Enhancing the IMF’s role in Article IV surveillance of the world economy – making it more transparent, more independent, more accountable and, therefore, more authoritative – would contribute to greater stability and ensure it is seen to be providing impartial advice independent of the inter-governmental decision-making process. Whilst governance of the IMF and decisions about financial support for countries are, of course, matters for its board, there is now a case for enhancing the IMF’s surveillance and monitoring functions so that surveillance is – and is seen to be – independent of decisions about crisis resolution.

I believe we must implement reforms to promote:

– greater independence: ensuring the fund applies objective, rigorous and consistent standards of surveillance to all member countries, and that there is a clear separation between surveillance and lending activities;

– greater transparency: introducing the presumption that all surveillance reports by IMF staff will be published when they are presented to the board; and that concluding statements will be published at the end of each surveillance mission; and
greater accountability: with the IMFC setting a surveillance remit;

– IMF management reporting each year on the Fund’s performance; and an annual assessment by the IMFC of the effectiveness of Fund surveillance.

This weekend we shall call on the Fund to prepare concrete proposals to strengthen surveillance and report back to this year’s annual meetings.

But in the modern world of global capital flows, surveillance needs to look beyond national boundaries.

To tackle national financial sector problems which have international repercussions, the Financial Stability Forum – which brings together the combined expertise of the IMF and key regulatory authorities – should evolve into an effective early warning system.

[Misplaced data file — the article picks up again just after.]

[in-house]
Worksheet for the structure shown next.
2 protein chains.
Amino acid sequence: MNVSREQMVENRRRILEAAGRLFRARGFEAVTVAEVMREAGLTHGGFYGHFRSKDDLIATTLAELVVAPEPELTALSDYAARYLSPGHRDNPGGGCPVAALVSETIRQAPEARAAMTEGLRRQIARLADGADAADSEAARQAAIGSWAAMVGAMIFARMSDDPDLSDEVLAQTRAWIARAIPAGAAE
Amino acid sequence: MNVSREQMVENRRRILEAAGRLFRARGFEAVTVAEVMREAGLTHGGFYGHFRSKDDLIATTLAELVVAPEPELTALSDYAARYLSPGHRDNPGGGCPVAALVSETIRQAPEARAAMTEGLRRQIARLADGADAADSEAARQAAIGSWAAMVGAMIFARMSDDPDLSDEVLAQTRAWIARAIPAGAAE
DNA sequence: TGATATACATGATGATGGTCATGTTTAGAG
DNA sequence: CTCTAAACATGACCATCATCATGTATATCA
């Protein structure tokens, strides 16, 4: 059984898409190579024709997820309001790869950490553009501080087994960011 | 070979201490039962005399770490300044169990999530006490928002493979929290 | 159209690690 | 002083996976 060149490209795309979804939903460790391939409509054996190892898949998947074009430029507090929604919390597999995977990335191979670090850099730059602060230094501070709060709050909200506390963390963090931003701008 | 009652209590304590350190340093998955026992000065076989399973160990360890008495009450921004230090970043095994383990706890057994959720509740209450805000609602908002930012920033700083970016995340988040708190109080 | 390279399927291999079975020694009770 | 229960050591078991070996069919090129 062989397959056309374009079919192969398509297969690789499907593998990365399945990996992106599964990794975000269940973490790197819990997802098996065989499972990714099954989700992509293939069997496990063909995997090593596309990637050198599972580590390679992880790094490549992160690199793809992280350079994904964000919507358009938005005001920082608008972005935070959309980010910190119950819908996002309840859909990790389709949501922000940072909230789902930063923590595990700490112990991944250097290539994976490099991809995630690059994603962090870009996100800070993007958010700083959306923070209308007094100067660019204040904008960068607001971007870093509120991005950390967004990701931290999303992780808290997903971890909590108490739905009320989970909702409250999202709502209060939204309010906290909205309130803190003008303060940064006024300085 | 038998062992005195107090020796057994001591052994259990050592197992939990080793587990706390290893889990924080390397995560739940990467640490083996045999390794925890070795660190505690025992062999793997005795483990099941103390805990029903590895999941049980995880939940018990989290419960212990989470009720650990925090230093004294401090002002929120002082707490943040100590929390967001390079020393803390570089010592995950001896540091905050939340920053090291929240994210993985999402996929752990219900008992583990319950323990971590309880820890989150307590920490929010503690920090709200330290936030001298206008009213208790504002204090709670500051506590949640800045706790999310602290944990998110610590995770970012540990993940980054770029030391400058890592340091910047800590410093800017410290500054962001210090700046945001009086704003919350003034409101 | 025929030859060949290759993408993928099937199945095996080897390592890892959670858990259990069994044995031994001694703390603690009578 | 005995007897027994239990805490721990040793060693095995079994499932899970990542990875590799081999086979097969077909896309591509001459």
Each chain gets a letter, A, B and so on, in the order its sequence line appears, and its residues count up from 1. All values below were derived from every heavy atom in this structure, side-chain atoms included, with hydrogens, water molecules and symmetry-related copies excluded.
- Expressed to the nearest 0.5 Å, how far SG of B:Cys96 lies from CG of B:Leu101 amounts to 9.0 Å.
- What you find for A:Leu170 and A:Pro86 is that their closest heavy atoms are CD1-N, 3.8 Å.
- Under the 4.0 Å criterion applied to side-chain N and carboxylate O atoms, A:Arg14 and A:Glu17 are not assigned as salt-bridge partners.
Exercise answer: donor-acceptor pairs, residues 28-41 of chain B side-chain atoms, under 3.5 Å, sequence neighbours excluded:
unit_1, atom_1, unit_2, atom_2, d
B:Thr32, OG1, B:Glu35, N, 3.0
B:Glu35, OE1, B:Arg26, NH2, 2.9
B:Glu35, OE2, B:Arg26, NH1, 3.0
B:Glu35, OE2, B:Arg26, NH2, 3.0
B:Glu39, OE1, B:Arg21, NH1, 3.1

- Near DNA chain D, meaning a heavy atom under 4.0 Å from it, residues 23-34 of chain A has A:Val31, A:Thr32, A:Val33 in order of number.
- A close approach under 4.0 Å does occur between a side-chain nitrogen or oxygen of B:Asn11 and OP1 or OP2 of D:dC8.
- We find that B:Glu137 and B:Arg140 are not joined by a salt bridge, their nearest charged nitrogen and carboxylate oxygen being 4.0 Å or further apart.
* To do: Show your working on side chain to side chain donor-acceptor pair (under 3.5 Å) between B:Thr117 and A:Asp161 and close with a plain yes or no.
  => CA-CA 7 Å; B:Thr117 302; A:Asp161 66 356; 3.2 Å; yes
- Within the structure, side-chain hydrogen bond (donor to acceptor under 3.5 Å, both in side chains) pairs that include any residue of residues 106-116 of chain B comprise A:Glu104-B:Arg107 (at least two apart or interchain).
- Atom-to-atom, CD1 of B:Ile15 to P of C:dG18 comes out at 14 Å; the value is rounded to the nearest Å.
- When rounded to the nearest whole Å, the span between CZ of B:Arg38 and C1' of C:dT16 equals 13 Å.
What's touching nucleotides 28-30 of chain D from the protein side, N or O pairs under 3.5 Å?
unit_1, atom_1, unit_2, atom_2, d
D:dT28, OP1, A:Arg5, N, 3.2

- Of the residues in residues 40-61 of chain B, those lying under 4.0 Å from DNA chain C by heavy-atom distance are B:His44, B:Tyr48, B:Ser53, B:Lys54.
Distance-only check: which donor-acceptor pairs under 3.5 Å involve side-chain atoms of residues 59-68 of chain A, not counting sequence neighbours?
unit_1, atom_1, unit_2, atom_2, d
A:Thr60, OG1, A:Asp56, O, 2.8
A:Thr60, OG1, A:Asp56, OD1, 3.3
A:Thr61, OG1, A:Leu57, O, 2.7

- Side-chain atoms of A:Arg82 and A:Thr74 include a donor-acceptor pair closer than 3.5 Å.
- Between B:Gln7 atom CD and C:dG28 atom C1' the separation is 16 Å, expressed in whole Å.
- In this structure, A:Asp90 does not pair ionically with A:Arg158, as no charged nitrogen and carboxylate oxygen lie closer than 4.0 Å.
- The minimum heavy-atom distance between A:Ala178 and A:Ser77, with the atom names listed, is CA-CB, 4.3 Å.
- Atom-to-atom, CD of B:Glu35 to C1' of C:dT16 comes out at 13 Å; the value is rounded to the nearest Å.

These new responsibilities for openness and transparency must also apply to the private sector. Building on the international standards of best practice for multinational companies drawn up by the OECD, on the global compact – introduced by Kofi Annan in 1999 – and on the global reporting initiatives – through which one hundred major companies already report their activities – multinational companies should assess and make public their economic and social impact in developing countries.

But crisis prevention depends not only on spotting problems early but on providing the right incentives for lenders to take responsible decisions and minimise the risks of self-fulfilling crises of confidence which can do untold damage. When trouble hits an economy, or one of its neighbouring economies, private sector investors must be prepared to do more than simply pull money out and accelerate the panic.

So with codes and standards the foundation, and more effective systems for surveillance built upon them, including new responsibilities – for governments to be open, for the IMF to scrutinise and for the private sector to engage – there is a real opportunity now to provide a guarantee of both an investment friendly environment and long-term stability.

Our second challenge is crisis resolution

Because however successful we aim to be at avoiding crises, we should recognise that, from time to time, crises will happen, so we need to ensure there are effective methods in place for crisis resolution, in a way that will ensure the burden of adjustments is not placed on the poorest and most vulnerable.

Each time the international community encounters a national financial crisis, it is faced with the dilemma of either standing aside or putting taxpayers money at risk bailing out lenders. There is a better way.

The IMF is now meeting the call from Governments, academics and debt campaigners, for a new system to deal with unsustainable private debt in vulnerable countries.

The way forward is both clear and urgent.

We need radical reform of the contractual arrangements for debt. Debt contracts which specify the arrangements for collective action to re-negotiate terms when it is clear that a restructuring is necessary can help countries reach a speedy resolution with their creditors, protecting against rogue creditors and vulture funds. The UK Government has already agreed to include collective action clauses in our own foreign currency denominated debt. I call on other countries to follow this lead, to agree new standards for international best practice in sovereign debt contracts and a strategy for encouraging their adoption worldwide.